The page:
A new species of giant tortoise has been discovered on the biological wonder that is the Galapagos Islands.
The new tortoise species was discovered by an international team of scientists, as well Ecuadorian researchers, who for years had believed that the two large giant tortoise populations on the island of Santa Cruz were one and the same.
However, it was only after undergoing detailed genetic tests that the giant tortoises living on the eastern side of the island were discovered to be entirely different to their fellow tortoises.
According to AFP, the research into the species began as far back as 2002 after two of the researchers raised the issue that “due to the formation of the shell, these tortoises should belong to a different species.”
Three years later, genetic samples taken from the creatures offered preliminary evidence of the potential for the difference in the species, going much deeper than it just having a different shell.
But now, 10 years later, the new species has been confirmed.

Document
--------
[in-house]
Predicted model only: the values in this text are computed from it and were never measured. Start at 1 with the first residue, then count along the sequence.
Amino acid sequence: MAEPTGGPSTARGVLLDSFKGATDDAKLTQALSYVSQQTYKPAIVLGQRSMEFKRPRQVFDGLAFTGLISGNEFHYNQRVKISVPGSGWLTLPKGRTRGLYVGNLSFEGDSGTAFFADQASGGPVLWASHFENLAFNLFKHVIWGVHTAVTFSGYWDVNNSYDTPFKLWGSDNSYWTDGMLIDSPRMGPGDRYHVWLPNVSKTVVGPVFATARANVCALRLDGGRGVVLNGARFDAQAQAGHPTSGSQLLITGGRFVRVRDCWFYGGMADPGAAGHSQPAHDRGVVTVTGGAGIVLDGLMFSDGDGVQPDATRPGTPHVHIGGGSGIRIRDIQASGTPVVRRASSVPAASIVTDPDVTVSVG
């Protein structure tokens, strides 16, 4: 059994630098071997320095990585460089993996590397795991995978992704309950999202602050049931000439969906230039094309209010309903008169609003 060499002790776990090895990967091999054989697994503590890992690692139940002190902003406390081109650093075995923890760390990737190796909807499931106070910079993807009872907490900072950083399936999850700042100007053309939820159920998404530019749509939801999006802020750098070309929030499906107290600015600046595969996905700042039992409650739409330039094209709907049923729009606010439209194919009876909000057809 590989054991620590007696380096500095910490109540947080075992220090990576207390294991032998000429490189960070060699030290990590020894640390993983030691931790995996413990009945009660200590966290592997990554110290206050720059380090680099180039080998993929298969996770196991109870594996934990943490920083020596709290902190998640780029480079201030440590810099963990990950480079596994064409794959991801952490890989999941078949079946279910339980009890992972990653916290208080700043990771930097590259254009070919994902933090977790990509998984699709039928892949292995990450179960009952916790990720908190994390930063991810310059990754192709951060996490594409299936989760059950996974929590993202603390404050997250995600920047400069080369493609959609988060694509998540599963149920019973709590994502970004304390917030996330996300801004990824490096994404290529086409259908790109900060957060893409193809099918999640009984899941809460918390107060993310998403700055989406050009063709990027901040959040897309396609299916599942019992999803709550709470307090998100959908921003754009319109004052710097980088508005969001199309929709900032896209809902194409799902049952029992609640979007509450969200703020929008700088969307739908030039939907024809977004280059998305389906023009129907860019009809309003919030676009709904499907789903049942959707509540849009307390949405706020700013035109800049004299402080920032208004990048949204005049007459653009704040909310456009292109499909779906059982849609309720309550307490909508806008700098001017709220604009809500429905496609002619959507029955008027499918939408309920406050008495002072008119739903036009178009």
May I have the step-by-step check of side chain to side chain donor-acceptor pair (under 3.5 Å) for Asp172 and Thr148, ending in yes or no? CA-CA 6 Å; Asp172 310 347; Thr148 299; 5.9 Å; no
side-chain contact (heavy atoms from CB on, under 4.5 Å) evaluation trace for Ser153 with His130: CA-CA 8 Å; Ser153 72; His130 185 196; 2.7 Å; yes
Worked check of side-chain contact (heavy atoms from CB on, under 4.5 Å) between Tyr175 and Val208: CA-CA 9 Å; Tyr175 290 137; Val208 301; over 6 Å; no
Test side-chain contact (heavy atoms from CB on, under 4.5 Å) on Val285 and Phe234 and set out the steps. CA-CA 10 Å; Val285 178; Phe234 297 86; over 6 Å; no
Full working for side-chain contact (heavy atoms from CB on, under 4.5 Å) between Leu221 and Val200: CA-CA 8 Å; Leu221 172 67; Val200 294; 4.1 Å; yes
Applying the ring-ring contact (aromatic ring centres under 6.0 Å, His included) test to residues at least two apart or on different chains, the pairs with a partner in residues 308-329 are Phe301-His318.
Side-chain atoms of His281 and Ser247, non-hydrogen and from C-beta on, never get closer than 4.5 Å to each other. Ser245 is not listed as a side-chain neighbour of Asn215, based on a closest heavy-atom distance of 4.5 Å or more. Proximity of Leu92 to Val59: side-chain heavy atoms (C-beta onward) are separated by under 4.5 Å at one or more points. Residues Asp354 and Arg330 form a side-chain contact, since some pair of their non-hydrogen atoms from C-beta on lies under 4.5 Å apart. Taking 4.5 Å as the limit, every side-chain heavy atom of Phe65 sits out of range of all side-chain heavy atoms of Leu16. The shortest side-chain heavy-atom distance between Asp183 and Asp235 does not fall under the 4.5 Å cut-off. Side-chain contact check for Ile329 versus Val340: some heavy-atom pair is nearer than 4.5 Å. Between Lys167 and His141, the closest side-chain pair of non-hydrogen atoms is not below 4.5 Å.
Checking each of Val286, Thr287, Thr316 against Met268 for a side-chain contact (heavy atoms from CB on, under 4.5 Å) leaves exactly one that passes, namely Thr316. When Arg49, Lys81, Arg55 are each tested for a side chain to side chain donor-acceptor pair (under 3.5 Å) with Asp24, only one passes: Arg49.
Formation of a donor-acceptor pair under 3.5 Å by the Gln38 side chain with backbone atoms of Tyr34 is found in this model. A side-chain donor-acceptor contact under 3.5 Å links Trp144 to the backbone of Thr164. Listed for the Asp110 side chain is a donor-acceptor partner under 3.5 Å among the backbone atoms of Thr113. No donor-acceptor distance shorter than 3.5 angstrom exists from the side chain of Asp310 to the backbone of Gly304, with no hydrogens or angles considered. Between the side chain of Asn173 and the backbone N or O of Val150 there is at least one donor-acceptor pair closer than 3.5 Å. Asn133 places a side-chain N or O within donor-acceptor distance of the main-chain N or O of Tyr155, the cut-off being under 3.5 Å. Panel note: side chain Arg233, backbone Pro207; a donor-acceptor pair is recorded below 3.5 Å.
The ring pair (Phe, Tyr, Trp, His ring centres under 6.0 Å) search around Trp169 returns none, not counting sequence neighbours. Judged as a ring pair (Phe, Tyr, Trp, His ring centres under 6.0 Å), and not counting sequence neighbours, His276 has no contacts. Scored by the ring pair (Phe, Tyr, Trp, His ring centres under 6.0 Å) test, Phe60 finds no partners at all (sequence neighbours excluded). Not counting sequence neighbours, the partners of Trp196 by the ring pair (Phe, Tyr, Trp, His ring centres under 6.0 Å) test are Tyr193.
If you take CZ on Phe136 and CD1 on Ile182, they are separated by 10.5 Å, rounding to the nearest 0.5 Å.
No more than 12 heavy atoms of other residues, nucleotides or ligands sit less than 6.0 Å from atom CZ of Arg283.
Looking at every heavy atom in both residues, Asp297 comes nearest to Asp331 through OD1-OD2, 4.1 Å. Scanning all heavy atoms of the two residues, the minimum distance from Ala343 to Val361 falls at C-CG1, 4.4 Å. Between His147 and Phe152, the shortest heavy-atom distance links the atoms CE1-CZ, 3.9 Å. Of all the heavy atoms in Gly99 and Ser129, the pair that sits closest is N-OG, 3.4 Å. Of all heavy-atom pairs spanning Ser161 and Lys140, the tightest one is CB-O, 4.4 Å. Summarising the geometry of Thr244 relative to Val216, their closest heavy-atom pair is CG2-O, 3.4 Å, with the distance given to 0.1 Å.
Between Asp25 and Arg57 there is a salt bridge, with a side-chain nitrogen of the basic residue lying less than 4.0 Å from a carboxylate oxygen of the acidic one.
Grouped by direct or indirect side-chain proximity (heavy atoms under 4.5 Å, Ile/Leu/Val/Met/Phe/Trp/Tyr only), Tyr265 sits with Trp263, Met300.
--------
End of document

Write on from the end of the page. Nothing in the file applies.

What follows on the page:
The head of the Galapagos National Park, Alejandra Ordonez, has said research into the new species is ongoing so as “to determine their exact distribution on the island, their nesting areas, and potential threats”.
Speaking to AFP, one of the Ecuadorian scientists on the project, Washington Tapia, said that they believe there could be as many as 300 of this species in existence.
This new species of tortoise has been named Chelonidis donfausti in honour of one of the island’s animal caretakers, Fausto Llerena.
Llerena’s job was to take care of the tortoise Lonesome George, a 100-year-old tortoise that died back in 2012 that was the last survivor of a subspecies decimated by pirates more than a century ago.
Giant tortoise image via Shutterstock
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